In win against Clemson, Duke football's defense proves that it can stand firm — even against the country's best

Senior safety Jaylen Stinson lays out for a tackle during Duke's Monday night win against Clemson.
Senior safety Jaylen Stinson lays out for a tackle during Duke's Monday night win against Clemson.

“God is good, and so was our defense.”

Clemson, the program known for its offensive powerhouses, for producing Deshaun Watson and Trevor Lawrence, DeAndre Hopkins and Travis Etienne, scored seven points against Duke Monday night. Those seven were scored after a Jalon Calhoun muffed punt that placed the Tigers on the Blue Devils’ 18-yard line in the second quarter. Those were the only seven that Clemson scored in 60 minutes, despite holding 33:33 of possession. 

Through offensive miscues and shaky hands, Duke got its act together in the second half, scoring 22 unanswered points to top the ninth-ranked Tigers. A mere 175 yards through the air and a 51.5% completion percentage from junior quarterback Riley Leonard was enough — more than enough — to give the Blue Devils the win. 

But why?

As Leonard put it, “God is good, and so was our defense.”

Head coach Mike Elko and defensive coordinator Tyler Santucci put on a masterclass in red-zone stops and bend-don’t-break defense. Two sacks, six tackles-for-loss, two forced fumbles and a whopping 94 tackles later, Clemson’s 422 yards of offense were reduced to a measly little seven on the scoreboard. 

While the stars did their job, it was a team effort on all fronts. 

“I hope people noticed how much we rotated,” Elko said. 21 players contributed to that tackle tally with Chandler Rivers, Tre Freeman and Jeremiah Lewis each leading the way with 11. Next up was safety Jaylen Stinson with nine; the senior also scooped up a Phil Mafah fumble and returned it for 55 yards, setting up Jaquez Moore’s rushing touchdown. 

“Stinson’s a dog,” redshirt-senior defensive tackle DeWayne Carter said of his teammate. “Kid is every bit of 5-foot-6, 180, when he might be the hardest hit on the field.” 

Stinson’s official 5-foot-8, 177-pound stature exemplifies what Elko’s program is all about: fight.  

“That was one of the big things that people asked me when I got here was, ‘will this team compete? Will this team fight? Will this team play hard for four quarters?’ Absolutely yes," Elko said. "They will not lay down.”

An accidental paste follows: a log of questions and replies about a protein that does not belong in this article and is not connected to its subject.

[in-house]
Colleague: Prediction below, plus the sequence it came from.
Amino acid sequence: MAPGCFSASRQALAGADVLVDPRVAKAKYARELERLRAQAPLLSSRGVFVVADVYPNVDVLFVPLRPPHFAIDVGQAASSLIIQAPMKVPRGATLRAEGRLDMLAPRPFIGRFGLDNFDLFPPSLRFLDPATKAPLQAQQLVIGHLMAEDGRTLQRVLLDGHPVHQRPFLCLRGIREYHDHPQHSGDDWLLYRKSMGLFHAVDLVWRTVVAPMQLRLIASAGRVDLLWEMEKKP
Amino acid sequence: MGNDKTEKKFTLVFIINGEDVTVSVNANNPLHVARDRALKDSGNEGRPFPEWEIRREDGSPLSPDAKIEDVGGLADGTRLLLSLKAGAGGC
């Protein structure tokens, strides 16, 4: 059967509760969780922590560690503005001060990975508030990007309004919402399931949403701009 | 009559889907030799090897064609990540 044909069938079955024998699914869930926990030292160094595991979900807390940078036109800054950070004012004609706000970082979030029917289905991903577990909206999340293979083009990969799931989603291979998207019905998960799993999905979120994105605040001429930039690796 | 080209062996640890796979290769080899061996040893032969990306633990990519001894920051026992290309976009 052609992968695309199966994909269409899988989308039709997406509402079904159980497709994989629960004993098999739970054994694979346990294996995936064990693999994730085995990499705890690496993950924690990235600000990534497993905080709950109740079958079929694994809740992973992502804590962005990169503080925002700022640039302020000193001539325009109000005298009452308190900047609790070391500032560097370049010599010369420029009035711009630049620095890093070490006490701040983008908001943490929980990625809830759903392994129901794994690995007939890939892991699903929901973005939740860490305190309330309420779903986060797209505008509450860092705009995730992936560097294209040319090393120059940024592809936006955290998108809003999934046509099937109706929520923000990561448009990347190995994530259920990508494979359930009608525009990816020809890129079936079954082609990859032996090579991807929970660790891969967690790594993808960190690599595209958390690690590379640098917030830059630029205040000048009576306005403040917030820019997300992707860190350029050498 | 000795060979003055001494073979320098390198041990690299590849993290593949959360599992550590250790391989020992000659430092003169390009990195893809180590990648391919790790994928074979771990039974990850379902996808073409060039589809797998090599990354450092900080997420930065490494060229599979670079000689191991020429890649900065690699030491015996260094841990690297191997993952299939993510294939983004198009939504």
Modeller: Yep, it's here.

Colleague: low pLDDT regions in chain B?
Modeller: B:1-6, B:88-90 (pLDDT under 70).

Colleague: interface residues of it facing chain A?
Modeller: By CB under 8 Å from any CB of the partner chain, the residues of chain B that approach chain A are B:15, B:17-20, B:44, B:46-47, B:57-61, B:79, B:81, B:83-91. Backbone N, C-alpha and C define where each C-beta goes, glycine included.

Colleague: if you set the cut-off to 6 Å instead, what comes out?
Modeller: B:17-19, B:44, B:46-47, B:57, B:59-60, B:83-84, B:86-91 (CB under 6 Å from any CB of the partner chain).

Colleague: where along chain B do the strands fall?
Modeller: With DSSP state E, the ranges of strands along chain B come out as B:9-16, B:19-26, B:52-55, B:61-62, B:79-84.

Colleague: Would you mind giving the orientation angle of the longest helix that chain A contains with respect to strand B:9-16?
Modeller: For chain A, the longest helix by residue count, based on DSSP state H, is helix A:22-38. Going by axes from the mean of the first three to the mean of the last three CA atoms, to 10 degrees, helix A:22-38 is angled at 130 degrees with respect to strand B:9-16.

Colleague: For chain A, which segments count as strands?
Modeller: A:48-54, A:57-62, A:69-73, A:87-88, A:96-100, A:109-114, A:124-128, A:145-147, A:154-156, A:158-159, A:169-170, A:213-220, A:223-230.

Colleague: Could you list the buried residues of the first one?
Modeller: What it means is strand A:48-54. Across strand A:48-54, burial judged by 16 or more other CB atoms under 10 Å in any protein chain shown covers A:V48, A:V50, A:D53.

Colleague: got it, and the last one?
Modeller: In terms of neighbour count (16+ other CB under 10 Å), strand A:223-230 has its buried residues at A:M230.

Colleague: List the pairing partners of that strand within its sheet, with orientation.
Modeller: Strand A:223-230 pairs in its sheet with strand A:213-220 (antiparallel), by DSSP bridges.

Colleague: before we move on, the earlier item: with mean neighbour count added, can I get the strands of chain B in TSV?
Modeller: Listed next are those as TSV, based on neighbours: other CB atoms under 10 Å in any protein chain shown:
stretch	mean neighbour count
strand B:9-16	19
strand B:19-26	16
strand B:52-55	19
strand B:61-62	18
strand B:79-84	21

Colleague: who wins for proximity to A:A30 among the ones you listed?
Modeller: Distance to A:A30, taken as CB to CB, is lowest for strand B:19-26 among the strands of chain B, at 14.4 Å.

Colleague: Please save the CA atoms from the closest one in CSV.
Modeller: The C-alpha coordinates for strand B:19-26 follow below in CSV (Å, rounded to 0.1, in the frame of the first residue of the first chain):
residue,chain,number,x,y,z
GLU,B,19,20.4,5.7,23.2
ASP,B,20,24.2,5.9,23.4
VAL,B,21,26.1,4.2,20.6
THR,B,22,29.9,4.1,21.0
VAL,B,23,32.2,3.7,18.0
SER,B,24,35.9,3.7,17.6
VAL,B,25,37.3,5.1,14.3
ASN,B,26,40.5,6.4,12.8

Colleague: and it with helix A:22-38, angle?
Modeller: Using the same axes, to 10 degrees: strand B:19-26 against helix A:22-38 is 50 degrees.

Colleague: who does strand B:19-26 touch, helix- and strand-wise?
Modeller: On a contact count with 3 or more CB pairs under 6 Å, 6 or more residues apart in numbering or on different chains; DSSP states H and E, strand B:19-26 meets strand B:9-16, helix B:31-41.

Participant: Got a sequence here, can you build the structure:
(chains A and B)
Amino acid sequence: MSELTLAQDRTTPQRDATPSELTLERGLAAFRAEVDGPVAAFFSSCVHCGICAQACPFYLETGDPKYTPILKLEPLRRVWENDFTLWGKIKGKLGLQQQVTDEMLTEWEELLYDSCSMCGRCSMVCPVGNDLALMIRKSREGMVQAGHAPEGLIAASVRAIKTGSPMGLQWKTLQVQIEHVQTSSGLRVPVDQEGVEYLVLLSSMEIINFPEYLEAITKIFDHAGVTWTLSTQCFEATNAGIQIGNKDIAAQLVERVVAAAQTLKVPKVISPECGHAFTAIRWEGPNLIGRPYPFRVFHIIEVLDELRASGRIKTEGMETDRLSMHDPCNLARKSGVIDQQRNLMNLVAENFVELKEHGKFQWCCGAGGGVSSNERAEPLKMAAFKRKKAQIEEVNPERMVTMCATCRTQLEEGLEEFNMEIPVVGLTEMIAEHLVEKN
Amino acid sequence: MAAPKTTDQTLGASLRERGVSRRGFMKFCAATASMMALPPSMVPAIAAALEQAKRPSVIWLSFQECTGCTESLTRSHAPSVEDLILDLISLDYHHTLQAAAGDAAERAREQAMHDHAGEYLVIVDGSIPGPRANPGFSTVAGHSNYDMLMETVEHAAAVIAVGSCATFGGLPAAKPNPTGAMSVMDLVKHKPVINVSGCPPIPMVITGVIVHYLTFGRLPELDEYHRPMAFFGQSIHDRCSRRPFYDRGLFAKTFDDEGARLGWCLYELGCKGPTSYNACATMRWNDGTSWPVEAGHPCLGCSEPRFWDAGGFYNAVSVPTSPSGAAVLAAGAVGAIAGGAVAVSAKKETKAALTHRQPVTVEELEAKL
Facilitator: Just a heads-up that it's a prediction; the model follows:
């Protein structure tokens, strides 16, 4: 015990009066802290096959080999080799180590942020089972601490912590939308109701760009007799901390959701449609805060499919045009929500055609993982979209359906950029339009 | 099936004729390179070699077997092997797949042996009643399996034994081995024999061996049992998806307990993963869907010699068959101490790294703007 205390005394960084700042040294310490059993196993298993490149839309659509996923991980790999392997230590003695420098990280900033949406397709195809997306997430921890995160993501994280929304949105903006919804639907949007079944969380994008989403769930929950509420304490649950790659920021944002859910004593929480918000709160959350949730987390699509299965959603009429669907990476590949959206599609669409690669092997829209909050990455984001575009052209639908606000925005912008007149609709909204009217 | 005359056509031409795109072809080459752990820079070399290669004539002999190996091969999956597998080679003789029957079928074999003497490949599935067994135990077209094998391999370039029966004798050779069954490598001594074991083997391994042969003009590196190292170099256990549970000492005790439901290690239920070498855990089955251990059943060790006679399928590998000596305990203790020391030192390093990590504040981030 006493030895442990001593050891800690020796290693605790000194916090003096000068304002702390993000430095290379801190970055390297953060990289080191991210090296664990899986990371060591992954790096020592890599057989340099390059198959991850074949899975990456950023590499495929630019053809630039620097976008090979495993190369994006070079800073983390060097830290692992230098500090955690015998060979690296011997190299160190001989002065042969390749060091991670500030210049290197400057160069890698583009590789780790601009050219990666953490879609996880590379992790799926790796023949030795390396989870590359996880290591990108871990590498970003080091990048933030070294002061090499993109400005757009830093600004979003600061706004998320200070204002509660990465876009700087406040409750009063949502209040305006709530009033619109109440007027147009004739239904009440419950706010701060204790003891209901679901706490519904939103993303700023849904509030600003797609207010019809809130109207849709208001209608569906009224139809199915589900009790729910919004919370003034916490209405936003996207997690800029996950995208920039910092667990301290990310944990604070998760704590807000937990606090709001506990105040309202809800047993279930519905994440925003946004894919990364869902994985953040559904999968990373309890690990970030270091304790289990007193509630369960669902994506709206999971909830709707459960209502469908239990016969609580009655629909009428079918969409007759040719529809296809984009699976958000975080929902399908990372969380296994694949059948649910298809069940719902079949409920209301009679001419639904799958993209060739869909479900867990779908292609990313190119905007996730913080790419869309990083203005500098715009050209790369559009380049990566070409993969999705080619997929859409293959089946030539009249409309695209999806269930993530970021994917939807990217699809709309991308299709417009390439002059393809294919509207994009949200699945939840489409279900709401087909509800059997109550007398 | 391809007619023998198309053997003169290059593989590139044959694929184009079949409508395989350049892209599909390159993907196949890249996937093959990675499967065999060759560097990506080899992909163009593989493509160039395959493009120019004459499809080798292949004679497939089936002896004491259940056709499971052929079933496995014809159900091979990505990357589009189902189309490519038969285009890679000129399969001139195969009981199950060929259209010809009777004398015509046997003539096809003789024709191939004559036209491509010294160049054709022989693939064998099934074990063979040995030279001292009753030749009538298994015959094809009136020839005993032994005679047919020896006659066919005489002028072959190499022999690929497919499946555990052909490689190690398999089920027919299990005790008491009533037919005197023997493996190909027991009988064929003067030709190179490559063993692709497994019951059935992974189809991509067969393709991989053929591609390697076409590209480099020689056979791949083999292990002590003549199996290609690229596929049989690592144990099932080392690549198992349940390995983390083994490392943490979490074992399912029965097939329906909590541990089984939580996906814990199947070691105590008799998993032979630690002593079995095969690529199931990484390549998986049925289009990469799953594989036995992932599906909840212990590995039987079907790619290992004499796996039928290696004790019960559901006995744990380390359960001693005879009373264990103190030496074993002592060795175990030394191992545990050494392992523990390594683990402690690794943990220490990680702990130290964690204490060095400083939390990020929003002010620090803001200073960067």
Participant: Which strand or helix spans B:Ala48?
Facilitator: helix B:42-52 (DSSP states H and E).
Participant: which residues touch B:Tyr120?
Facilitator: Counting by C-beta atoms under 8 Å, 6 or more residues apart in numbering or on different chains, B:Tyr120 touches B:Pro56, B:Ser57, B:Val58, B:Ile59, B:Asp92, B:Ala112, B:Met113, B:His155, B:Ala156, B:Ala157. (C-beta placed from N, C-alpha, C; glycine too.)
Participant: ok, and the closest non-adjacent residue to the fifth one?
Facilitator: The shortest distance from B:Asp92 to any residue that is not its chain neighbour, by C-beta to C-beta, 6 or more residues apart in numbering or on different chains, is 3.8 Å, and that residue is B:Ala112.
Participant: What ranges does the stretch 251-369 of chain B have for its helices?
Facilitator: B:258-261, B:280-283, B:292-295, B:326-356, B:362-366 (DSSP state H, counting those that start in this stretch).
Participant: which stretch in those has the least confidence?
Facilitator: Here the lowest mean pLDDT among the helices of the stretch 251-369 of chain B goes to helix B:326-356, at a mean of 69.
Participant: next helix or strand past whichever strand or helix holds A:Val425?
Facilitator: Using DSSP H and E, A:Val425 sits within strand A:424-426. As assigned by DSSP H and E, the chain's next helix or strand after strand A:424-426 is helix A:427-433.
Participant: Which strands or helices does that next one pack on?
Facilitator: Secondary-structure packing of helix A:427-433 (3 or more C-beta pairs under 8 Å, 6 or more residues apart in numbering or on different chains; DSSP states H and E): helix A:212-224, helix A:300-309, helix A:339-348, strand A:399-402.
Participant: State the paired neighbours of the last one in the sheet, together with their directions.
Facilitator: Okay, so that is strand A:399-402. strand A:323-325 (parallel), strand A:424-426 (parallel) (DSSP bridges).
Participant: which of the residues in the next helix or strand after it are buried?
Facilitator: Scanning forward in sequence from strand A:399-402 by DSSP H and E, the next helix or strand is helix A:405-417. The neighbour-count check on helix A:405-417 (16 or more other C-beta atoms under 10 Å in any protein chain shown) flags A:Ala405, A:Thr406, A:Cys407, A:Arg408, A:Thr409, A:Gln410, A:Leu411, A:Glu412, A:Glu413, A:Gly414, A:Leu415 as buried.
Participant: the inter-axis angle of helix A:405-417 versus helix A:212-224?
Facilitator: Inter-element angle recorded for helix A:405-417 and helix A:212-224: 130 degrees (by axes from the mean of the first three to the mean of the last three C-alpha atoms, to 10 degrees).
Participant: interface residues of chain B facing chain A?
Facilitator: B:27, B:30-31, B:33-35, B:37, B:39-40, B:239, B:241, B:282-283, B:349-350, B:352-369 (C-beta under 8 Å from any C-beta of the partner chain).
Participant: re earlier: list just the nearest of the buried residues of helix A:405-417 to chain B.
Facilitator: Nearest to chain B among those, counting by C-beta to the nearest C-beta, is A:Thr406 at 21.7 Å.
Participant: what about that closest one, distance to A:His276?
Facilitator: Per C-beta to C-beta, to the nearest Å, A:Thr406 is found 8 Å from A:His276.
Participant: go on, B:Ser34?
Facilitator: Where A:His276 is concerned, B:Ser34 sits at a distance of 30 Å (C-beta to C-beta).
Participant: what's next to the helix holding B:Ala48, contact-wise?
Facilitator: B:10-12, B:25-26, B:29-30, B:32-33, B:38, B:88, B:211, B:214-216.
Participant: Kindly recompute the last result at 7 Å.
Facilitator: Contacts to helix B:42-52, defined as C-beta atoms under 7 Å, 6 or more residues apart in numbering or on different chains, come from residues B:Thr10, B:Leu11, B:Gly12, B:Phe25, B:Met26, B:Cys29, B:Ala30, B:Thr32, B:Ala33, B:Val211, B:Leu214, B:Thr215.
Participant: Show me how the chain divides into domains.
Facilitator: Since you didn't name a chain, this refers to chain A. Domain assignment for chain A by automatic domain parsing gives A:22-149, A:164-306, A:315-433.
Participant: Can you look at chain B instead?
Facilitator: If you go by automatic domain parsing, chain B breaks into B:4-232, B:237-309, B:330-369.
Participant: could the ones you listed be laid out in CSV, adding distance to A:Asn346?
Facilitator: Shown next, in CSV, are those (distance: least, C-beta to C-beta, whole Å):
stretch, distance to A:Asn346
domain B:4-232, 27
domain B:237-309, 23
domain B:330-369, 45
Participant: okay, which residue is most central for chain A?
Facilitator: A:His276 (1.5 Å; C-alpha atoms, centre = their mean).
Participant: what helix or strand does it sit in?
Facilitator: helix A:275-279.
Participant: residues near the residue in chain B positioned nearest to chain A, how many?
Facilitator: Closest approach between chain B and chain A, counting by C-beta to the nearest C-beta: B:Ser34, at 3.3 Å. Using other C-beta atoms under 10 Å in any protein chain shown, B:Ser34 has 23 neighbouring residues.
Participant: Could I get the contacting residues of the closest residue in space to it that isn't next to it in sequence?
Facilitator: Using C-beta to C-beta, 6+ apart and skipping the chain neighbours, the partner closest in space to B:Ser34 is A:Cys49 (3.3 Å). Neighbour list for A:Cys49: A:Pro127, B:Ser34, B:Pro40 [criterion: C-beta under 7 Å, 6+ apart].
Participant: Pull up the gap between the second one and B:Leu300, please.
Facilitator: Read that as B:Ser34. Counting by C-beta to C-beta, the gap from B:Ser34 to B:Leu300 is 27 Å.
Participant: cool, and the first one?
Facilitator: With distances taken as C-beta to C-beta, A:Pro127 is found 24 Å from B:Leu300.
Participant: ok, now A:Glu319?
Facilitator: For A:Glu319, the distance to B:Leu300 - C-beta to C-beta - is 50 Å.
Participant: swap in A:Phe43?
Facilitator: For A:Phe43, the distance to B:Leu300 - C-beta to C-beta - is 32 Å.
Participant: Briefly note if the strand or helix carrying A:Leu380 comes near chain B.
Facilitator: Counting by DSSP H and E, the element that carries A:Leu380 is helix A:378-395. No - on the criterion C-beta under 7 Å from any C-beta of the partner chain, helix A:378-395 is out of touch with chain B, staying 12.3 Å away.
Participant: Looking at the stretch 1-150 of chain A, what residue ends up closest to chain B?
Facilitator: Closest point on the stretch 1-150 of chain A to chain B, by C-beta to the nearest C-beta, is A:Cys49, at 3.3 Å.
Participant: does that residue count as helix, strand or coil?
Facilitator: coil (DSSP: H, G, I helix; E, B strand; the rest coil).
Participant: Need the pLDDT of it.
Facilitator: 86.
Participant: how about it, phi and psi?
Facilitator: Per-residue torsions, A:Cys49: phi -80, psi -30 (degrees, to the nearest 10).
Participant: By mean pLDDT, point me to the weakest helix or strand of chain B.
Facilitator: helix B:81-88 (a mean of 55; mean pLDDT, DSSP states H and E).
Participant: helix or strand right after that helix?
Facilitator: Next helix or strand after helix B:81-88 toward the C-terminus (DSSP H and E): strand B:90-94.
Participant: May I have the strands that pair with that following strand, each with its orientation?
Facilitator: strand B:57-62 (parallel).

Duke’s red-zone defense showed just that. Even when backed deep into their own zone like they were on their last three defensive series of the third quarter into the fourth, the Blue Devils fought for every yard, every play, every second. With Clemson on the 6-yard-line with four downs to convert, Duke held its line. 

Tiger kicker Robert Dunn III’s 23-yard attempt? Blocked. Less than four minutes later, Clemson quarterback Cade Klubnik, on first down at the 7-yard line, fumbled the handoff. The Blue Devils recovered. After another Duke offensive three-and-out, on its own 1-yard line, Anthony Nelson Jr. punched the ball out of Mafah’s hands, and Stinson scooped it up. When the offense faltered, the defense picked up the pieces. 

“What gives me the most confidence is how my defense is playing and how everybody else around me is playing,” Leonard said. 

Clemson, with its new quarterback and offensive coordinator Garrett Riley, posed a unique opening day challenge for Elko and Santucci. The Tigers outscored their opponents by 12.4 points per game last year before bringing in Riley, who spent last season at TCU and the two before that at soon-to-be-ACC school SMU. With no idea what to expect from an offense that boasts preseason All-ACC running back Will Shipley and is led by then-single-game starter Klubnik, Santucci dug into the past. 

“He watched three years worth of Garrett Riley,” Elko said of Santucci’s preparation, an amount he later clarified as “probably a lot.” 

“I think we had our kids really well prepared for what we were going to see without really truly knowing what that was really going to be about,” Elko said. 

What they saw was Shipley, and a lot of him. The running back totaled 143 all-purpose yards and hauled in the lone touchdown of the day. He had 17 touches and six receptions, proving early and often that he has earned his preseason acclaim. However, Shipley’s efforts weren’t enough to avoid the upset. Duke’s defense held strong where it mattered, and just less than three-and-a-half hours after kickoff, it had defeated the No. 9 team in the nation. 

“We're not happy because we proved people wrong. We're happy because we proved ourselves right,” Carter said. 

The Blue Devils will have at least 11 more chances to do just that. 

Rachael Kaplan profile
Rachael Kaplan | Sports Managing Editor

Rachael Kaplan is a Trinity junior and sports managing editor of The Chronicle's 119th volume.


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